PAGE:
Chocolate Cinnamon Babka

I’m at it with Peter Reinhart again! I just love his Artisan Breads Every Day book and am diligently working my way through it. I’ve always wanted to make a Babka. Even since I saw that Seinfeld episode where Elaine is so desperately trying to purchase a chocolate babka for a dinner party she is about to attend. I had never experienced a Babka in person at that point, but just knew I couldn’t wait to try it out. I am happy to report that I have now successfully managed to progress from purchasing Babkas into making my own and I dare say mine was better than the last one I got from an actual bakery! (so proud, patting myself on the back as I type…quite a trick!) As with any yeast bread, there is some preparation involved. You can’t just whip one up on the spur of the moment. There are a couple different rising times of 2-3 hours or more. So you want to plan ahead. Luckily the recipe gives good tips on when you can stop, refrigerate the dough and then continue on the following day. I started early and soldiered through from start to finish. But breaking it up a bit does make sense.

Babka is a yeast bread which heavily leans towards a coffee cake. The name Babka comes from the Russian word baba, which means grandmother. And just like your granny, this bread is sweet and comforting! The bread itself is buttery and rich and then it also has the rich vein of chocolate and cinnamon swirling through it. Oh save us!!! It is completely irresistable!

Chocolate Cinnamon Babka

yield: 1 loaf

Recipe from Peter Reinhart’s Artisan Breads Every Day


  • 2 tablespoons (0.66 oz/19 g) instant yeast
  • 3/4 cup (6 oz/170 g) lukewarm milk (95°F or 35°C)
  • 6 Tablespoons (3 oz/85 g) unsalted butter, melted or at room temperature
  • 6 Tablespoons (3 oz/85 g) sugar
  • 1 teaspoon (0.25 oz/7 g) vanilla extract
  • 4 egg yolks (3 oz/ 85 g)
  • 3 1/3 Cups (15 oz/425 g) unbleached all-purpose flour
  • 1 teaspoon (0.25 oz/7 g) salt or 1 1/2 teaspoons coarse kosher salt
  • 1 egg, for egg wash (if using streusel topping)
  • 1 Tablespoon water, for egg wash (if using streusel topping)


  • 1 1/2 Cups (9 oz/255 g) frozen semisweet dark chocolate chips or chunks
  • 1 teaspoon (0.25 oz/7 g) ground cinnamon
  • 1/4 cup (2 oz/56.5 g) cold unsalted butter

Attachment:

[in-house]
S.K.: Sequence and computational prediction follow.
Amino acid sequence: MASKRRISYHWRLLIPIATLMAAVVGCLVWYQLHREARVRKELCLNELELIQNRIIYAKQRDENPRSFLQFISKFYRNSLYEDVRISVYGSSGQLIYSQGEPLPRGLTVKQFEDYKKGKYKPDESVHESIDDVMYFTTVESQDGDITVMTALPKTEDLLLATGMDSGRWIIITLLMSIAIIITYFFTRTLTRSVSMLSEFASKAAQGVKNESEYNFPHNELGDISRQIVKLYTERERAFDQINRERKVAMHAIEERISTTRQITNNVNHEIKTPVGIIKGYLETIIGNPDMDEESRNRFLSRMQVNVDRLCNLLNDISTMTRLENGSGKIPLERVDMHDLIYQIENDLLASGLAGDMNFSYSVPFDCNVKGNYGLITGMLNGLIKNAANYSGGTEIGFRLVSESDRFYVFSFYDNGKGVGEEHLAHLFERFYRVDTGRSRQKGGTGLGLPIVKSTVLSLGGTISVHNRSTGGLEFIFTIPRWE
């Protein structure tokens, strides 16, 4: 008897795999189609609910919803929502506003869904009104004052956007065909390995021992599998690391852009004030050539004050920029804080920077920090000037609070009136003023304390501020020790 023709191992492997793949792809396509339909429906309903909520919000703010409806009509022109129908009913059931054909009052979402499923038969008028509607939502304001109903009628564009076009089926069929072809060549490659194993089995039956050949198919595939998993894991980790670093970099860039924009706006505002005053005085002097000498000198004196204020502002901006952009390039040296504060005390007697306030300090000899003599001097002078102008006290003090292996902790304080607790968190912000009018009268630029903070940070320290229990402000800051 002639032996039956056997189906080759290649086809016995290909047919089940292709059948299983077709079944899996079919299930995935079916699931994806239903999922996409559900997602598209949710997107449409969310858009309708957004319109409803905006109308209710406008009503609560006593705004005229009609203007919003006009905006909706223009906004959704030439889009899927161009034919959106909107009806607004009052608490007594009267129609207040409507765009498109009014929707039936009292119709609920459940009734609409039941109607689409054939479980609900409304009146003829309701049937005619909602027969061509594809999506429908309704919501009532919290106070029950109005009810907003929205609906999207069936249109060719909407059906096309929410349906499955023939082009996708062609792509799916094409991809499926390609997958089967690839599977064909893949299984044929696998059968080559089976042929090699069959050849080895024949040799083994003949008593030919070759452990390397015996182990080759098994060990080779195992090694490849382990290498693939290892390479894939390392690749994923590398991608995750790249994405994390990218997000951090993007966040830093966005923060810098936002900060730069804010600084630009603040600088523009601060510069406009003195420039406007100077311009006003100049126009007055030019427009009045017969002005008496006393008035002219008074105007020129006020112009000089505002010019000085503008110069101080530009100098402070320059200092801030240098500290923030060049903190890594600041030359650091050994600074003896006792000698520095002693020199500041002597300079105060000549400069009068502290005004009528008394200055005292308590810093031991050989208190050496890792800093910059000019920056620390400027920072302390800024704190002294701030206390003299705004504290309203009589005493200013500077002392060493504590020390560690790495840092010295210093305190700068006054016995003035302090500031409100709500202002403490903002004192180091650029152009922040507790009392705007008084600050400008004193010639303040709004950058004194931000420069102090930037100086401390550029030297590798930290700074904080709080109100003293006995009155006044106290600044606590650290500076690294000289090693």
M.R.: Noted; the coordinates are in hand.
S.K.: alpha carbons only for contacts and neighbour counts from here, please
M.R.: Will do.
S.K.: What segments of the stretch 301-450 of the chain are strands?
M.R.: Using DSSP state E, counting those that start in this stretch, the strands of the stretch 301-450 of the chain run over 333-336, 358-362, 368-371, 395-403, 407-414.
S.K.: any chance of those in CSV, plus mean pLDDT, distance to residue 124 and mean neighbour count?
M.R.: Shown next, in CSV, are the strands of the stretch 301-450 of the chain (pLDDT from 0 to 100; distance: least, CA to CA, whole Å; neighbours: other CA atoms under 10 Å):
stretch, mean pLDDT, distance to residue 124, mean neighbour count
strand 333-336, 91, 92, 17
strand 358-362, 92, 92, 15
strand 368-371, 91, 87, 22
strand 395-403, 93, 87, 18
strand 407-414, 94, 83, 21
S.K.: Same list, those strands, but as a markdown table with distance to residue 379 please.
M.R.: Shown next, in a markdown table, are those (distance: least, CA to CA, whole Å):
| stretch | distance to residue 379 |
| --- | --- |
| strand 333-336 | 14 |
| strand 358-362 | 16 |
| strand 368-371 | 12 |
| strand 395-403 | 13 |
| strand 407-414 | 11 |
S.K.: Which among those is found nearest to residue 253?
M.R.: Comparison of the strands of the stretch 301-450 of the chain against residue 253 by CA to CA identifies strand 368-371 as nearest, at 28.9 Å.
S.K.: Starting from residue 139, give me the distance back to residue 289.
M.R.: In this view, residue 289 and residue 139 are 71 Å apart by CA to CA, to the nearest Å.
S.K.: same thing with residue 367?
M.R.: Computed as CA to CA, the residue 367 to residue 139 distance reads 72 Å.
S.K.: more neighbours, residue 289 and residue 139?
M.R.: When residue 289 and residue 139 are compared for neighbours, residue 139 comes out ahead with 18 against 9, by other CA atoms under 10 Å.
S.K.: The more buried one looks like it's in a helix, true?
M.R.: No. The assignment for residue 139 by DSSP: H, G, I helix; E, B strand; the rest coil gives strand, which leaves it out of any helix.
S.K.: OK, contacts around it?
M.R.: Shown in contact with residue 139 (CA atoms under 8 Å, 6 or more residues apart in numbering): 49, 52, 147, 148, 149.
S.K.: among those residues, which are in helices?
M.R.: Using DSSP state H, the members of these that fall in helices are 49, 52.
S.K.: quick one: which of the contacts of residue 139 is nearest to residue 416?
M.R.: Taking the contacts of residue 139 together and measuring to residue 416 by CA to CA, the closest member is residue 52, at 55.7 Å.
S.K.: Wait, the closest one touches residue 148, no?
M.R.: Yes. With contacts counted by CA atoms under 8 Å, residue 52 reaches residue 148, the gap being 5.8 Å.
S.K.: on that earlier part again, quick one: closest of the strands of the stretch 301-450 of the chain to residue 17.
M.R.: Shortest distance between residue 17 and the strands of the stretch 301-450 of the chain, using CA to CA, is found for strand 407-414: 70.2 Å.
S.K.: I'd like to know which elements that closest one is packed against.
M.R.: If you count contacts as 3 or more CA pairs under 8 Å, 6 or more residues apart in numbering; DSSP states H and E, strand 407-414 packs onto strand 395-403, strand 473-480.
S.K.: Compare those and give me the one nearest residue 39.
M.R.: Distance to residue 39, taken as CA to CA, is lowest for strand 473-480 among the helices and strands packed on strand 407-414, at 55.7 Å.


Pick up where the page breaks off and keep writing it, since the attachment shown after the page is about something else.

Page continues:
Streusel Topping:

  • 1/4 Cup (2 oz/56.5 g) cold unsalted butter
  • 1/2 Cup (2.25 oz/64 g) all-purpose flour
  • 1/2 Cup (4 oz/113 g) brown sugar
  • pinch of salt
  • 1/4 teaspoon ground cinnamon


Do Ahead:

Whisk the yeast into the lukewarm milk until dissolved, then set aside for about 5 minutes before mixing it into the dough.

Cream the butter and sugar together until smooth. If using a mixer, use the paddle attachment and mix on medium speed for 1 to 2 minutes. If mixing by hand, use a large wooden spoon and beat vigorously for about 2 minutes. Add the vanilla to the egg yolks and whisk lightly to break up the yolks, then add the yolks to the sugar mixture in four portions, mixing until each is incorporated before adding the next. Increase the mixer speed to medium high or continue mixing by hand for another 2 minutes, until the mixture is fluffy, scraping down the sides of the bowl a couple of times during the process.

Stop mixing and add the flour and salt, then pour in the milk mixture. Resume mixing at low-speed, or continue to stir by hand, for 2 to 3 minutes, to make a soft, supple, tacky dough. If using a mixer and the mixer begins to struggle, switch to the dough hook.

Transfer the dough to a floured work surface and knead by hand for 2 minutes more, adding more flour as needed to make the dough pliable. The dough should be a beautiful golden colour and feel soft and supple. Form the dough into a ball.

Place the dough in a clean, lightly oiled bowl, cover the bowl tightly with plastic wrap, and leave at room temperature for about 2 1/2 hours. It will rise somewhat, but won’t double in size. If it rises significantly in less time, you can move to the shaping step or place it in the refrigerator overnight to be rolled out the next day.